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How is Aging in Place like UBER?

by Louis on March 14, 2016

Of course this is a good question. If we show how Aging in Place is like UBER we should get energy and investment behind aging in place because it should take off like UBER. I am not sure I had an answer before I heard Robin Chase, the co-founder of ZIPcar, speak at the Business Innovation Factory Summit and then listened to her book about the sharing economy, PEERS, INC. Her theory sees UBER, AirBnB and other sharing economy ventures as excess capacity (capital) sifted through corporate and tech tools (INC), then connected and invigorated by available human capacity (PEERS). Aging in Place is just the same.

How is it the same?

Excess capacity

UBER relies on existing cars to transport paying customers. AirBnB uses existing spaces made available to travelers. Aging in Place uses existing housing stock to house and care for older adults. In each case a tune up occurs before putting the excess capacity into service. For UBER the driver undergoes a background check and the car is cleaned and registered. For AirBnB a room is cleaned, possibly refurnished and photographed so it can be put into service. For aging in place our existing housing infrastructure must be updated, such as a no step entry, enhanced safety in the bathroom and high tech devices and connections. Then what has been existing capacity not quite available for this use becomes capital available to the aging and caregiving economy.

INC

For both UBER and AirBnB software and management connect the owner/operator of the excess capacity to interested customers. The programs and apps are tools that manage client and supplier convenience, reservations/scheduling, payment and feedback. Aging in Place can be similar. Technology connects the end user to local services like caregivers, transportation and deliveries, family and community as well as health monitoring. Scheduling can be arranged and easily updated. Monitoring technology and data analysis for health interventions is available though not yet well utilized. Devices, software and services for all of the above have been around for years while identifying, scheduling and paying caregivers has received notable investment in the past year.*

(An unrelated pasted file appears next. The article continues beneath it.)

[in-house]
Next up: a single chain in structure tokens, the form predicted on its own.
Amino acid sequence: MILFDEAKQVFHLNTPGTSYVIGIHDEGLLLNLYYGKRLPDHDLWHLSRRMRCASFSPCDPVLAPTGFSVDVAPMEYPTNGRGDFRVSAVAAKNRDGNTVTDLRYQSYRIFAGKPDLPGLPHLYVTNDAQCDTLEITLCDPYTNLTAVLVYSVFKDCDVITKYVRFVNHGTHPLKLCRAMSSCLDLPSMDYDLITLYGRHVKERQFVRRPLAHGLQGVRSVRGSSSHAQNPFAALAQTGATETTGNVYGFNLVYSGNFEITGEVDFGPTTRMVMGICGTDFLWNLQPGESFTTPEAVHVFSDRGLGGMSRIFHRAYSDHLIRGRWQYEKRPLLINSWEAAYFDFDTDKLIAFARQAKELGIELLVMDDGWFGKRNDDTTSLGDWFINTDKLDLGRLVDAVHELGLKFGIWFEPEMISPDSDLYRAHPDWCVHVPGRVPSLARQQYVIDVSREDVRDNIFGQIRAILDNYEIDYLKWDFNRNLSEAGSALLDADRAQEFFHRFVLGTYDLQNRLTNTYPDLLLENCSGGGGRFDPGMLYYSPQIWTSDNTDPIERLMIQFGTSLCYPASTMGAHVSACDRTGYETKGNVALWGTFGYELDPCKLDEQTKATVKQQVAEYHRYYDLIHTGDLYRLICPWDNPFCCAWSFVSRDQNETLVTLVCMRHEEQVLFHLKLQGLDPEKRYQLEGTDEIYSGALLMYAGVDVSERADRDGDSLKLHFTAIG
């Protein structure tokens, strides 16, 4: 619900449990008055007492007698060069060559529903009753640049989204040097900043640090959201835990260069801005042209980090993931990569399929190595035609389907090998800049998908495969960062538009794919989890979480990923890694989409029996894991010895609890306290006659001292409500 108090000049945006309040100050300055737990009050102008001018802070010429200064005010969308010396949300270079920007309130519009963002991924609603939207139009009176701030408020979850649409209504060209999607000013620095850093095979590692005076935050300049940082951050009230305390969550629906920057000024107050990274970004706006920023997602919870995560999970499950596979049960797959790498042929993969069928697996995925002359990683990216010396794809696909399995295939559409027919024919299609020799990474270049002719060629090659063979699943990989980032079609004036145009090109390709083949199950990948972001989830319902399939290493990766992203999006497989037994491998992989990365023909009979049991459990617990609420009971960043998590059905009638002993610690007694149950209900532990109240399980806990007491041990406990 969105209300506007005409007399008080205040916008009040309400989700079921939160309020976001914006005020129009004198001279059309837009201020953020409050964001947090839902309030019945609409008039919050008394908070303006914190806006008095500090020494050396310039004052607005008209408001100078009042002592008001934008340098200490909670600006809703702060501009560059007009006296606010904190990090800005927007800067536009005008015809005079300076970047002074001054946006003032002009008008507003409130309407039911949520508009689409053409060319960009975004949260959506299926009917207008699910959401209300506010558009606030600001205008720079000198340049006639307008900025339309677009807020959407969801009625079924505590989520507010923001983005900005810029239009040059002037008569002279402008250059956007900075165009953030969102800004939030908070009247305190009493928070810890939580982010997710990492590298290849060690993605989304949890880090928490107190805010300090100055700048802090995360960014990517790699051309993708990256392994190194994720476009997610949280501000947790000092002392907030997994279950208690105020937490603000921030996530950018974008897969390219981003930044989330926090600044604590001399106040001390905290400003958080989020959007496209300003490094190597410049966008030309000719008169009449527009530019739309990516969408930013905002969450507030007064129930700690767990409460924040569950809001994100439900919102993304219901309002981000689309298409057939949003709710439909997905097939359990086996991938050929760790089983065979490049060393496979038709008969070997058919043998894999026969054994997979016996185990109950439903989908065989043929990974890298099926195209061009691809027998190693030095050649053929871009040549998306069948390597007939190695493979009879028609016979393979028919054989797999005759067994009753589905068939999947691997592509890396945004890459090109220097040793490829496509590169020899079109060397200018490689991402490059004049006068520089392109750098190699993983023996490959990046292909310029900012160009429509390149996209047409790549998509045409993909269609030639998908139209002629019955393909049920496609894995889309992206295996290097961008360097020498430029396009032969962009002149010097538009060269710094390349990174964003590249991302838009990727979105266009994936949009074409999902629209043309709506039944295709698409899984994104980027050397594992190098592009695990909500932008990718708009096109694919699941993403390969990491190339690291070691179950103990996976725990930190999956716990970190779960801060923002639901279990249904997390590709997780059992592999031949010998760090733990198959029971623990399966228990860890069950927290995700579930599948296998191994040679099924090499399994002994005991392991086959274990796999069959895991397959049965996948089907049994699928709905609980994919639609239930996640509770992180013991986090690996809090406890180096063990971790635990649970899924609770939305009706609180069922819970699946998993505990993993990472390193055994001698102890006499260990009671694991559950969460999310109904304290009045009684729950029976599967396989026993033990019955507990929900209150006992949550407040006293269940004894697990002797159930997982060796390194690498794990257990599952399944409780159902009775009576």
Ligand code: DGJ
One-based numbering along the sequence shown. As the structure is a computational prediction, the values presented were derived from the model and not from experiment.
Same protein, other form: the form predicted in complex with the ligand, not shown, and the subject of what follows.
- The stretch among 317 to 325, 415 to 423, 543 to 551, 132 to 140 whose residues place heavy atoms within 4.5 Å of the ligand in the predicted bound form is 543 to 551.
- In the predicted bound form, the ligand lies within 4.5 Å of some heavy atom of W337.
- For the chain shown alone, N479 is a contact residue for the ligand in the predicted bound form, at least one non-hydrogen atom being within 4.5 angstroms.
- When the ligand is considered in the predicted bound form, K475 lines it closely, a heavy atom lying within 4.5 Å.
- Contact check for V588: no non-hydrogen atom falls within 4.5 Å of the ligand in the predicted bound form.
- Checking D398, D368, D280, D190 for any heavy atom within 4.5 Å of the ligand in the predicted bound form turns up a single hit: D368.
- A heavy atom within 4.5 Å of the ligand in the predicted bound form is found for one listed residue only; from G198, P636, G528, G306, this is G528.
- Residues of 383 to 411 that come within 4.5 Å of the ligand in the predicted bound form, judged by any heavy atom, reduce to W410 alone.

PEERS

Connecting all kinds of human capacity is key to successful aging in place. The Villages recruit volunteers, neighbors and family members share tasks, and paid caregivers and other services fill the gaps. This human capacity is not much different than the “gig economy” managed so well by UBER, Task Rabbit, DoorDash and other sharing economy platforms.

So we have established that Aging in place can be understood through the lens of the sharing economy. The next question is what do we need to get Aging in Place off the ground? I see a few holdups.

Key holdups include:

  1. Dis-aggregation of the customer base. To understand this point, think about how many owners control the excess capacity that needs to be tuned. Match that to the sites, individual health conditions, client profiles and caregiving ‘Peers’ cadre that will be managed. None of this is organized in any comprehensive way – YET! This may be the ultimate distributed data pool. Great job for technology to solve! (INC)